Beyblade: Evolution doesn’t need to exist, and it upsets me a little bit have to say that. This is because I quite like the actual Beyblade toy line. My son has them—two arenas and about a dozen actual Beyblades—but neither one of us ever had any interest in the cartoon or anything that tries to attach a story to what is essentially nothing more than a couple of fancy tops banging into one another.
That the Beyblade: Evolution 3DS game is mostly just a virtual version of this is both good and bad.
Beyblade: Evolution contains a bit of a story, but it serves only to toss characters at you as you move you from battle arena to battle arena.
There are no relationships to cultivate, no locations to explore, just battles to be waged. Winning tournaments yields components that you can use to customize your Beyblades, which can be fun for a while. However, the battles are largely the same from start to finish. Beyblade Evolution does utilize the 3DS’s capabilities to bring in some elements that aren’t available in the actual game, but they don’t do enough to break up the monotony.
For instance, you can target exactly where in the arena you want your Beyblade to land, which is kind of the equivalent of just holding your launcher in a certain spot with the real game. Once the battle has begun, you get more control over the outcome via the use of spirit powers. These charge up throughout the battle, and you can unleash them by firing them at your Beyblade.
Timing is key, and can make a tremendous impact on the results. However, it can also be a crapshoot, and the proper timing seems more about luck than strategy.
There are also various minigames sprinkled throughout, which would be a nice way to keep things moving, except that they do nothing to forward the gameplay, they seem to distract you from it, as if the developers knew they needed to mix things up but didn’t have a good way to do it. When you’re playing an action game, do you really it to be interrupted with a pop quiz? The BeyBlade obstacle course makes more sense, but it’s not challenging enough to be worth it. With a little more work, it could’ve been a reason to return to the game even when you don’t want to battle.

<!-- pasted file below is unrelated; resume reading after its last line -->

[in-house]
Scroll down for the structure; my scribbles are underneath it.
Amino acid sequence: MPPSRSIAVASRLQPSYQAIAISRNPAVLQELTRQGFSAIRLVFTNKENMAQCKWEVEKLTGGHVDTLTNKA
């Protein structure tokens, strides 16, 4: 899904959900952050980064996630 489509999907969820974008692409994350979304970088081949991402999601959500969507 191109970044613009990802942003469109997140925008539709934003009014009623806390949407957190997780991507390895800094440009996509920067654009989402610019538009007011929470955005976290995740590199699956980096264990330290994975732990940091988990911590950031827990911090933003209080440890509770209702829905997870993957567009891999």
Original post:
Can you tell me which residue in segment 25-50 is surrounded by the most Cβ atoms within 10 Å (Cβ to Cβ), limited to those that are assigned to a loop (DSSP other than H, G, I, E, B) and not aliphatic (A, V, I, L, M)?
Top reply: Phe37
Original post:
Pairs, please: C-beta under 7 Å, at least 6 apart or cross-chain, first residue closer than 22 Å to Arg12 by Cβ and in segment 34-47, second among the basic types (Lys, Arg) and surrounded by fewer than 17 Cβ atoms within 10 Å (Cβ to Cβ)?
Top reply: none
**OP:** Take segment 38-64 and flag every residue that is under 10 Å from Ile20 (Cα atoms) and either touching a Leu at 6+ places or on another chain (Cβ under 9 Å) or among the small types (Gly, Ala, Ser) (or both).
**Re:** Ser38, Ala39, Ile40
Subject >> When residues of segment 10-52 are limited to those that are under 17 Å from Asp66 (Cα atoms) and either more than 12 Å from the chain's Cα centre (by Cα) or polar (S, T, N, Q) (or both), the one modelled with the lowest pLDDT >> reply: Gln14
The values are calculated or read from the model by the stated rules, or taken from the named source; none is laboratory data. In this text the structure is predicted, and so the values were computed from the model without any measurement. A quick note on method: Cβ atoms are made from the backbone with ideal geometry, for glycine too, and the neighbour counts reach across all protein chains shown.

So, you’re left with the battles, which grow old quickly whether you’re playing in single or local multiplayer mode. How quickly? Well, after my son had Beyblade: Evolution for a couple of days, we took a trip to visit his grandparents about an hour away. Did he take the game and his 3DS to play in the car? No, he took his actual Beyblade arena, set it up in the back seat of the Mazda 5, and he and his sister played with that for the trip.
I guess that’s the best thing I can say about Beyblade: Evolution…it renewed our interest in the actual game, and some new Beyblades found their way onto my son’s Christmas list when they otherwise wouldn’t have.
Beyblade: Evolution is not a bad game, but without the physical feedback of metal and plastic colliding in spinning fury, it won’t hold your Beyblader’s attention long. Better to take that money and put it towards a new arena and a couple new Beyblades.
Then sit down and play it together. It really is a very cool game.